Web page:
Becky said...

Tons of good stuff today (as usual!), Elaine -- thanks. I especially like the Poetry Speaks of Art line -- thanks again!

Kelly Fineman said...

I'll have to look for Heart to Heart as well. I love ekphrastic poetry - I wrote a piece last year after seeing a collection of artist's books at a museum in Washington, DC. It was challenging and interesting and fun.

HipWriterMama said...

Wow. You really know how to pack in some great poems. The Heart to Heart anthology sounds wonderful. I'll have to look for this one.

TadMack said...

The Kennedy poem -- boy, the imagery is really great. The Heart to Heart collection sounds fantastic!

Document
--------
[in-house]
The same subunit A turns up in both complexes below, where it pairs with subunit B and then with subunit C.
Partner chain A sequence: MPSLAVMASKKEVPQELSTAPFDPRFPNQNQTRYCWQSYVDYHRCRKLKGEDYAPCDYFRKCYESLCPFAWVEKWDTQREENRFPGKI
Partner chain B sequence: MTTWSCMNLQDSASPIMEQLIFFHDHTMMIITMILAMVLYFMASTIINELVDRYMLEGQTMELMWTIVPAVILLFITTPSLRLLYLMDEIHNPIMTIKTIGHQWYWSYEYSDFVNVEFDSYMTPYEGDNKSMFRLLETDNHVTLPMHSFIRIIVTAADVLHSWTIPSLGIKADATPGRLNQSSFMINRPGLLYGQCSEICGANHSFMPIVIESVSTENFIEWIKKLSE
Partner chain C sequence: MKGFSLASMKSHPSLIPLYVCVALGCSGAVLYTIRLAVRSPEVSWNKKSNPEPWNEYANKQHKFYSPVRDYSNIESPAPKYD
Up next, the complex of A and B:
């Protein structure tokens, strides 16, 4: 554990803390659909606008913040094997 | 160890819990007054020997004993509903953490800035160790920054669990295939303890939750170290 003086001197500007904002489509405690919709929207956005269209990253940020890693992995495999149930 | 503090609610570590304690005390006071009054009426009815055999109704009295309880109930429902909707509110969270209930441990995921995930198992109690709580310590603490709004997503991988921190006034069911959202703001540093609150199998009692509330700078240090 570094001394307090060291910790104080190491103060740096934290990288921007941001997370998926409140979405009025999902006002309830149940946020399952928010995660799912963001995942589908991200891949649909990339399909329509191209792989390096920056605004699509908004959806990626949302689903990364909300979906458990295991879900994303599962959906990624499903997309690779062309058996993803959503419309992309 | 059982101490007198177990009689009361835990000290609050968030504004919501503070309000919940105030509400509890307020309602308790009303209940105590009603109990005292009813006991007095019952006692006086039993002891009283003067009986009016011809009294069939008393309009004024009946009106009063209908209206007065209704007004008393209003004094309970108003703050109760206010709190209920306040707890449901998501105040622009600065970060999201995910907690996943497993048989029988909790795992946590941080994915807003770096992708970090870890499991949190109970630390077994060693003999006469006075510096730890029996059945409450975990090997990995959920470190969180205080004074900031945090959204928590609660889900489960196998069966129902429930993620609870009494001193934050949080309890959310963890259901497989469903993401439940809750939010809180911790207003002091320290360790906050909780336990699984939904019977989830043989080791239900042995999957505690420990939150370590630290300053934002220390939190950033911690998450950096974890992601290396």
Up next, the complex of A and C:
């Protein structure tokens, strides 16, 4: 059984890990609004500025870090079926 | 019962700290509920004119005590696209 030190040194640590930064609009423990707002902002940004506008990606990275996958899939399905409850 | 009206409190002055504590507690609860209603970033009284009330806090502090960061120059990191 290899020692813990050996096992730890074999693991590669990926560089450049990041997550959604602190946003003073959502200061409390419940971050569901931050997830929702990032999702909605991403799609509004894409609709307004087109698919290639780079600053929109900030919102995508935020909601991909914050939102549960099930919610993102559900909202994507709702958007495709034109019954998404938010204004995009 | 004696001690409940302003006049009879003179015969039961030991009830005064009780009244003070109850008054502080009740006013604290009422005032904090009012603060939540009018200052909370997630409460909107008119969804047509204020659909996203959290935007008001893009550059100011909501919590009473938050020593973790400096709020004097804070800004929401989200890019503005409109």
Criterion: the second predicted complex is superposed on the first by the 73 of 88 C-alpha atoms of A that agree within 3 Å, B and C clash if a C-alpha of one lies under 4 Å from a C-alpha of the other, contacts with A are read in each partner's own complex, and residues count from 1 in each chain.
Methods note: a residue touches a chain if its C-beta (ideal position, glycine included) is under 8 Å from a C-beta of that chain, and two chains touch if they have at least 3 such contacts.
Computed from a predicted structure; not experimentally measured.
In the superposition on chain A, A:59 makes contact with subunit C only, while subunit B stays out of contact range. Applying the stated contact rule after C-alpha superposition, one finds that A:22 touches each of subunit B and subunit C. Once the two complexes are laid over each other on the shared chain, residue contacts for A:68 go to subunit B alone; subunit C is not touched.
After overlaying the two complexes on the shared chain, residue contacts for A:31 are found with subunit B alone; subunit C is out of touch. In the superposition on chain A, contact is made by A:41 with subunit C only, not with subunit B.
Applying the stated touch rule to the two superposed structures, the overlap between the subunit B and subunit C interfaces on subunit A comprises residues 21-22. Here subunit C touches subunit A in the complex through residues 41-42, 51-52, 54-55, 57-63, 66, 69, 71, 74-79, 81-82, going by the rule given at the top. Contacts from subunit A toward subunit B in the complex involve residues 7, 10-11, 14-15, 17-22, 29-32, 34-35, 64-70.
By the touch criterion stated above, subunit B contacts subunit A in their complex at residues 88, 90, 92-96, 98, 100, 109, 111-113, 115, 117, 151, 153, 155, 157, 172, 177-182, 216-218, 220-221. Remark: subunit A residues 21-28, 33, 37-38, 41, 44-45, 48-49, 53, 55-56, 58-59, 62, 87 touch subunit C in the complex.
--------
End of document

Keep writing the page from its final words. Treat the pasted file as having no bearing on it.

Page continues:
jules said...

Wow. Love that Kennedy poem. Thanks for that, and now I wanna get my hands on the Heart to Heart collection, too.

Laura, I have Spooky ABC from the library right now, too. First time I've seen it. So fabulous!

Sara said...

Oh, I have Heart to Heart! It's on my coffee table, where anyone who comes over can play with it.

I was privileged to be part of a show for several years where each writer responded to a work of art. The art and poems were all hung together in a gallery later. My friends even gave me the painting one year that my poem was written for. Maybe I'll look for that one for next week.

Elaine Magliaro said...

Becky,

I really like the Poetry Speaks of Art site, too. It's interesting what one finds when "googling" a particular topic or works of art and literature.


Kelly, Vivian, Tadmack, Jules--

I think you'll all love "Heart to Heart." It's a fantastic anthology for kids and adults.


Sara,

That sounds like a great show! I hope you will post a blog about it for Poetry Friday.